Earlier this week, as my son was heading to the table for breakfast, he asked, “Mom, why don’t we get toast for breakfast?”
He’s six so his question shows his curiosity and interest in what he is doing and eating. His question also got me thinking about how to encourage our kids to develop good eating habits and understand the importance of having a balanced breakfast?
First of all, why is it important, for kids especially, to have a balanced breakfast?
- Research has shown that, kids who eat a healthy breakfast perform better in school.
- Eating breakfast also helps to steady blood sugar which in turn stabilizes behaviour and mood. Kids who skip breakfast tend to have a harder time controlling their moods and emotions, which is understandable if you’re hungry!
- Having breakfasts aids in weight management. Kids (or even adults) who skip breakfast tend to eat more junk food during the day.
So what exactly constitutes a balanced breakfast?
A balanced breakfast ideally has protein, complex carbohydrates and fibre as well as calcium and some fat. We really should try to avoid a sugary breakfast (especially those brightly coloured boxes of cereal*). Proteins help to give the brain and body a boost while carbohydrates aid in relaxation. Both are necessary for the optimal performance of the brain and body. Fibre in the breakfast helps with the steady absorption of nutrients so that the nutrients can be steadily released throughout the morning, preventing blood sugar dips or sugar cravings. Calcium has been shown to enhance behaviour and learning in children and fats enhance brain performance.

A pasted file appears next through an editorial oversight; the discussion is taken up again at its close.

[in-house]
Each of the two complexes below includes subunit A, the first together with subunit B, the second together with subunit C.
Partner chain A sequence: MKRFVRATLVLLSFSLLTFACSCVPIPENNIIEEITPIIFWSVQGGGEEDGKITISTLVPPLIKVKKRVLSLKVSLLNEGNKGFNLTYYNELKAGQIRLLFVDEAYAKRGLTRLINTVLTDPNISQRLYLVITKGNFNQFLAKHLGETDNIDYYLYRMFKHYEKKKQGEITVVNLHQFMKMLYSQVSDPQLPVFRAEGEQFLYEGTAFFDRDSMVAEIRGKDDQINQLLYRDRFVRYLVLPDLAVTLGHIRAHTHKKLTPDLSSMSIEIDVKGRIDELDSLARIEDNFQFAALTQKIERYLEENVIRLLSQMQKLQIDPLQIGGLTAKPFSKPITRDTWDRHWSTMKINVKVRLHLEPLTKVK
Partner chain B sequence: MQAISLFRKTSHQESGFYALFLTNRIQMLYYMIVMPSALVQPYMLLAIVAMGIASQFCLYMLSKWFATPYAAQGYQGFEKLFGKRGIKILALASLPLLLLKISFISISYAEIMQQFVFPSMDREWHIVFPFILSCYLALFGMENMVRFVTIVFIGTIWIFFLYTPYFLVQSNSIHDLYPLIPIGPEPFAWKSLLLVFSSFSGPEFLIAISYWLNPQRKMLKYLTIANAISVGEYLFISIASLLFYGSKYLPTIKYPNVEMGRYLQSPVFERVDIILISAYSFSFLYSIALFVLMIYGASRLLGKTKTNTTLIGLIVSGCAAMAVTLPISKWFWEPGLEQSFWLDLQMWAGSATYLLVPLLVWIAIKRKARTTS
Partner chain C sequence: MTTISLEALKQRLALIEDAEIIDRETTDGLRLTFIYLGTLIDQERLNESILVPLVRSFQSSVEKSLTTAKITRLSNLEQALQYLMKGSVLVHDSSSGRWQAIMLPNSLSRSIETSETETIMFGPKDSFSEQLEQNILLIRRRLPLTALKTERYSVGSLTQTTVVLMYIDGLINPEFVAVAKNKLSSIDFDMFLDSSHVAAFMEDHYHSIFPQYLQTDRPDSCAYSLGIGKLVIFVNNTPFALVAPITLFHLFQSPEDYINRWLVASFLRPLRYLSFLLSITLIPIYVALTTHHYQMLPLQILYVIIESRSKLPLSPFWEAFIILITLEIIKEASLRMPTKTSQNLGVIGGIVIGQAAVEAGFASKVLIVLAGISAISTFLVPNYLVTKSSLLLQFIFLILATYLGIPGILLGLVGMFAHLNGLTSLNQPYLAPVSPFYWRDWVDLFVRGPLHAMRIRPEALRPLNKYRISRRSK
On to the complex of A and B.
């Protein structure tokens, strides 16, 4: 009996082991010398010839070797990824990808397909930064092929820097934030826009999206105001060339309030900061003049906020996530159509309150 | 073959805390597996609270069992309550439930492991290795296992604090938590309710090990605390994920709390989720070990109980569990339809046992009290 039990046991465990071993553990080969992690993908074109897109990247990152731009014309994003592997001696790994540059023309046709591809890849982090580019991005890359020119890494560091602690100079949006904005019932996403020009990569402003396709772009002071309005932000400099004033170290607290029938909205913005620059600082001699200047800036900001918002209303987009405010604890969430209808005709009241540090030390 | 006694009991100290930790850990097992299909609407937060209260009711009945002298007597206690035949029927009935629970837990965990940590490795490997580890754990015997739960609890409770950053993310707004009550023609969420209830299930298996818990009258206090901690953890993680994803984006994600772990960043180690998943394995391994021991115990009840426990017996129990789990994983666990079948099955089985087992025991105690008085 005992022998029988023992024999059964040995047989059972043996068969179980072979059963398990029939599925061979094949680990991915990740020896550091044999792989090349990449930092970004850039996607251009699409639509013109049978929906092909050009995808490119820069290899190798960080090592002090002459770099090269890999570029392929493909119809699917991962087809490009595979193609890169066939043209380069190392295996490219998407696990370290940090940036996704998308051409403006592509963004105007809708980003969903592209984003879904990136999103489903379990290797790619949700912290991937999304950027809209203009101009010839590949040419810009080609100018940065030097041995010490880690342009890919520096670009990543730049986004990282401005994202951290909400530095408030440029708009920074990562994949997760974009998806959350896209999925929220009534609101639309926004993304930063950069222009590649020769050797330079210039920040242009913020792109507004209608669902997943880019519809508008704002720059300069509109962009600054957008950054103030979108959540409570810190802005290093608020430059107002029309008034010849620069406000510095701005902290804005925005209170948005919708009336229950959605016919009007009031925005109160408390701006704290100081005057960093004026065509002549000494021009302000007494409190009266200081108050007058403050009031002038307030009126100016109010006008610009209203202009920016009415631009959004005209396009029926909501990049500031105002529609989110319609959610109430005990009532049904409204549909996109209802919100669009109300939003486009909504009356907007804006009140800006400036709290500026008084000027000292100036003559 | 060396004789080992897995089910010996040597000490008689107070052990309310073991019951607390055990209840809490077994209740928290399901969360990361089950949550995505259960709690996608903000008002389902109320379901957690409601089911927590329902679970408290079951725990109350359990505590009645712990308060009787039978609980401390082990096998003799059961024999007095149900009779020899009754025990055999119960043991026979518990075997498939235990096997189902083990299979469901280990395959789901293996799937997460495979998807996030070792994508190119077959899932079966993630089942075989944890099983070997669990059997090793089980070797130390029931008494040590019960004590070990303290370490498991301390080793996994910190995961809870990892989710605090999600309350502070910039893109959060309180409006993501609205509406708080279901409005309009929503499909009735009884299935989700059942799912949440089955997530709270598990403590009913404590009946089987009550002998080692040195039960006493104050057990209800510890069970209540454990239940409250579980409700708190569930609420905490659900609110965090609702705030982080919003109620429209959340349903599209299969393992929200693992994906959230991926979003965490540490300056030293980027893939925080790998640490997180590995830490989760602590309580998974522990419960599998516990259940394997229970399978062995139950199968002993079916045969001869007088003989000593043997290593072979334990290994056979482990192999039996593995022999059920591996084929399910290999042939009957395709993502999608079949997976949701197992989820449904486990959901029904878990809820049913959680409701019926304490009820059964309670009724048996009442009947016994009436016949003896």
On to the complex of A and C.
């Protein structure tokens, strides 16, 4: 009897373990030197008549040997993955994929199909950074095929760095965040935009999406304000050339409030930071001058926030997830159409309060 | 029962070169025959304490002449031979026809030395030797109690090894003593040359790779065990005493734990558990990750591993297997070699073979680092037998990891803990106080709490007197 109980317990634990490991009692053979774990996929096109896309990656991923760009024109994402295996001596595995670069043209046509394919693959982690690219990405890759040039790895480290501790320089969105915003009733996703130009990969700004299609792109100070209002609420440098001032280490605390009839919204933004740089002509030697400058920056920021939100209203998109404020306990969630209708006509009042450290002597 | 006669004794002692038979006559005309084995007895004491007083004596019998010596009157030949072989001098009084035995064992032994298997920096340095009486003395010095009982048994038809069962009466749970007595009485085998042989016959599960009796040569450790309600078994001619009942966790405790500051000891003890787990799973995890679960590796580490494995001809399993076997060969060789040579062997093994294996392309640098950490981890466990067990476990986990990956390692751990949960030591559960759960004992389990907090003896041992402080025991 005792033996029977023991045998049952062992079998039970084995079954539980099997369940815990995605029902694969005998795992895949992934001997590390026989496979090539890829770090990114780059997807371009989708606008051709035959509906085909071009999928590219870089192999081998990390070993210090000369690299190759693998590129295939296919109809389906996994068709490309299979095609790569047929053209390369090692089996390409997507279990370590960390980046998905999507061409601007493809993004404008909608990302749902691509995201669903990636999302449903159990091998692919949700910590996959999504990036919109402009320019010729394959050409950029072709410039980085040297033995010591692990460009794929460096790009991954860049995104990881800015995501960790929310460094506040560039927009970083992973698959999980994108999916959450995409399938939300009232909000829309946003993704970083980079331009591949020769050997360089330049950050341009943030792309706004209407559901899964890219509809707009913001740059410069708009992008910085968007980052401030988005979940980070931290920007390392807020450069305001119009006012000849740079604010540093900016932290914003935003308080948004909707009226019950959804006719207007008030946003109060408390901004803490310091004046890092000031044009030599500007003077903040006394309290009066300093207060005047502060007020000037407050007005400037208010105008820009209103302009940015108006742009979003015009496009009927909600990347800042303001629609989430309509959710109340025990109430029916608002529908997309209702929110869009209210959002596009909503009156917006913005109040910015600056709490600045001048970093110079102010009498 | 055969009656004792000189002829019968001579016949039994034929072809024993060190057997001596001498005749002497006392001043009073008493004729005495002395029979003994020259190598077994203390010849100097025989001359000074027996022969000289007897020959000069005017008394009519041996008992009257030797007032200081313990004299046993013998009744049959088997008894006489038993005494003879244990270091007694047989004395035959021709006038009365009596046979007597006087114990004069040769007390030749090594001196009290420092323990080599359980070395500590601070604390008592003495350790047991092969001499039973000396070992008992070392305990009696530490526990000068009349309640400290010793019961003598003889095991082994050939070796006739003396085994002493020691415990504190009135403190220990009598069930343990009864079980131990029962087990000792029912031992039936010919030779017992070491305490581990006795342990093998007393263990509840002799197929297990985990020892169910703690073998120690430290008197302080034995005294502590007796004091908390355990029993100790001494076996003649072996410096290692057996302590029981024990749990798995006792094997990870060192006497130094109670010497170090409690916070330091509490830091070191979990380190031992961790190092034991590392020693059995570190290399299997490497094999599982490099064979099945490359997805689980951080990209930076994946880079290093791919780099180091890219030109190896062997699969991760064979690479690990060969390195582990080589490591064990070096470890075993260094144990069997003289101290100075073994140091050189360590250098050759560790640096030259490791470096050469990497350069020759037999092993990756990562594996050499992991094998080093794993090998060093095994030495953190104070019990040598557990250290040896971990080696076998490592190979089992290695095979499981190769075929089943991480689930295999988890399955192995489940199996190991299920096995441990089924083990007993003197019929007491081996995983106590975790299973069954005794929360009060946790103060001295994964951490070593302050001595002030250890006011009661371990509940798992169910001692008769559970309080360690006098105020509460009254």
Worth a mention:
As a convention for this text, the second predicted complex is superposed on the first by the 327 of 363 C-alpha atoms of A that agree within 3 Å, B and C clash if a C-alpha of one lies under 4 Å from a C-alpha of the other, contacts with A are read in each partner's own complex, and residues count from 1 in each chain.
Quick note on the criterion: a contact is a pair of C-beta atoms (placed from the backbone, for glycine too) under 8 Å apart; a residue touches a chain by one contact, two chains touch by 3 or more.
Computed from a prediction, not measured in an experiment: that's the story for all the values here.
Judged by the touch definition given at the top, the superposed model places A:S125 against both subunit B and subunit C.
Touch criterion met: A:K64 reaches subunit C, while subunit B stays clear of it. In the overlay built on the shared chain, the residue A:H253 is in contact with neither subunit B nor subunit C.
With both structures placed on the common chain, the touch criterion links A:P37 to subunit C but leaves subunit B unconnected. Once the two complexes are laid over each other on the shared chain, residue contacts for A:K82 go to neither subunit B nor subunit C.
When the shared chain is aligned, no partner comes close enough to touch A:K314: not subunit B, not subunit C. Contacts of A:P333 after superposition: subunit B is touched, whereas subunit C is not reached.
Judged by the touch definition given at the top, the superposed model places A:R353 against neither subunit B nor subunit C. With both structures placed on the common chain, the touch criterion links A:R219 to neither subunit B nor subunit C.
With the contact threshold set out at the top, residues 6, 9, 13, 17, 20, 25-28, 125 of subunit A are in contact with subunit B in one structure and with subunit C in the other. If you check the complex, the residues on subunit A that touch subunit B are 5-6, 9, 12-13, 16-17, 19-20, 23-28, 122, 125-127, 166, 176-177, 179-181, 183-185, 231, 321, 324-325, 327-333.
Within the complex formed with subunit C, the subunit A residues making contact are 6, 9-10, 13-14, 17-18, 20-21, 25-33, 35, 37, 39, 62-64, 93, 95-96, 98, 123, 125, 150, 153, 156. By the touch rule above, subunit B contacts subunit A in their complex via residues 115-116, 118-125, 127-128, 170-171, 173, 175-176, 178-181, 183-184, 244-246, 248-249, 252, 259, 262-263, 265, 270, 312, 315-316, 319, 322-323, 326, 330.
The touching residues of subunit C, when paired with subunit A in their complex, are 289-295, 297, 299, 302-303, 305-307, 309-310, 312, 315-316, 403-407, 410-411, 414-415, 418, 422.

This all sounds like a lot to remember but it’s easier than you think to put together a quick, balanced breakfast. To help out, here a few ideas:
- Whole grain cereal with milk and fresh fruit*
- Whole grain toast with boiled eggs (you can boil the eggs the night before) and calcium-fortified 100% orange juice
- Melted cheese on toast with fruit
- Peanut butter on apple slices with a glass of milk
- Hot cereal with oats, wheat germ, dates, nuts and a glass of milk
*I’ll be posting about how to pick your cereal in my next blog
Of course, this is just a short list. There are tons of variations you can try that works best for your family. Just remember to incorporate proteins, complex carbohydrates with fibre and calcium with a bit of fat. The possibilities are endless. Get your kids to think of what they might want to eat and make a list to follow during the week. If they’re old enough they can help with the preparation which is a great way to build a positive relationship with food. If kids feel they have a choice then they’re more likely to eat what is served.